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Community & Public Service

Melvin (Mel) Ring


Mel Ring was a member of Huntington’s City Council for a single, four-year term. That was all it took to convince him that effective local leadership was not the sole province of government. He spent the next 45 years proving that point.

Ring grew up on a family farm in rural Grant County and joined the Air Force just a couple of years out of Van Buren High School. He spent the Korean War stateside, as an atomic weapons technician at a secret base in South Dakota. He’d earned staff sergeant’s stripes by 1954 but left the service to return to Marion and a career in radio. In 1958, he and his bride Loretta moved to Huntington where he became station manager for WHLT-AM radio.

He studied the community carefully as he gathered material for twice-weekly radio editorials. He soon realized Huntington was where he and his family belonged. He left WHLT in 1963 and a year later, opened a Sherwin-Williams Paint store in the downtown business district. By the time Ring retired from Sherwin-Williams in 1989 the store was prospering in a new location at Huntington Plaza.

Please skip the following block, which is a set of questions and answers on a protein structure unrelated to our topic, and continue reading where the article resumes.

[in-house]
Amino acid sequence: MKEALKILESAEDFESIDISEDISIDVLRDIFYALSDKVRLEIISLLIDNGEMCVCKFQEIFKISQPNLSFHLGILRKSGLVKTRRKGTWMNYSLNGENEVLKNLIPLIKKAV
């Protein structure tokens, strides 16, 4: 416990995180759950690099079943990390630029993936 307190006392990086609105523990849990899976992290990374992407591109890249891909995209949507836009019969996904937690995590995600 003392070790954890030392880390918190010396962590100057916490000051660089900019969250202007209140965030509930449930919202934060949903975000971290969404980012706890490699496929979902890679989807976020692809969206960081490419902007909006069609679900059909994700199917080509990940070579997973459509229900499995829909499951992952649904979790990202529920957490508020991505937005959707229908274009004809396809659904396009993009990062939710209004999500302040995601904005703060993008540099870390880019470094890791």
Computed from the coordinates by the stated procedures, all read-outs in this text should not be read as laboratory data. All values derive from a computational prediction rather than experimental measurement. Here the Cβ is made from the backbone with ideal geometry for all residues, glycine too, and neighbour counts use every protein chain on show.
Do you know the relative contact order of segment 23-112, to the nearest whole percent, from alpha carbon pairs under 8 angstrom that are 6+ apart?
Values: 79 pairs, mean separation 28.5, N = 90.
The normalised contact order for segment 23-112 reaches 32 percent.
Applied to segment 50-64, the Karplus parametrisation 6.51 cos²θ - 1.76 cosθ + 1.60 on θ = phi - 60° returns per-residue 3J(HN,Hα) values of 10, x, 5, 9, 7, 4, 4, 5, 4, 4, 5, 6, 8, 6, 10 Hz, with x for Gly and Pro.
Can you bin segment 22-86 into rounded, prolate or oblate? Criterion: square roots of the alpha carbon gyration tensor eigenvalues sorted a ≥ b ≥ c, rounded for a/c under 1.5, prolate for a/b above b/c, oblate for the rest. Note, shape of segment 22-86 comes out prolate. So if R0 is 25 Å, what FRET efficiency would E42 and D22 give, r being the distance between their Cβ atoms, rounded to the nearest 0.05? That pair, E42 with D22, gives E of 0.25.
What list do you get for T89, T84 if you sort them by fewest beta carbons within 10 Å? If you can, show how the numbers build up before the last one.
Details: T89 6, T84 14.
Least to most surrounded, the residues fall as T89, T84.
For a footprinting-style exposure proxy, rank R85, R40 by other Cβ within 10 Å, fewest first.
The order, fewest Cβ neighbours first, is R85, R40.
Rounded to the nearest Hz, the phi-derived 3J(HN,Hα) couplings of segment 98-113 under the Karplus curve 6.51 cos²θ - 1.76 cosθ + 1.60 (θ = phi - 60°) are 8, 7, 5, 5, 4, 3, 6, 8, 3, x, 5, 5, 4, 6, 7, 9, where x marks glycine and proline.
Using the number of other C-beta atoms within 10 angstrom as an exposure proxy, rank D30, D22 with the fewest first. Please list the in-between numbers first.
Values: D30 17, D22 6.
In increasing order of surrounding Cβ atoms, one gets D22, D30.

He was a member of City Council in the early 1970s when Huntington developed its downtown pedestrian shopping mall. The controversy surrounding the project led Ring to resolve to work outside the political spotlight to bring change to the city.

Ring became a sought-after member of many boards and committees over the years. He was a guiding force with River Forks Industrial Park, Lime City Economic Development Corporation, Historic Forks of the Wabash, the Dan Quayle Center, Habitat for Humanity and the Boys and Girls Club as those organizations became established in the community.

He has long been a member of Christ the King Episcopal Church. His farm roots show in a hobbyist’s interest in antique tools, and has gained life member status in the Midwest Tool Collectors Association. Ring has been a Rotary Club member and benefactor since 1960, and received the club’s first-ever Lifetime Service Above Self Award in 2017.

“You teach more than you realize,” Ring has reflected of his immersion in community activities. For nearly 60 years, the lessons of progress, cooperation and goodwill taught by Mel Ring have improved countless lives in the community he has served.

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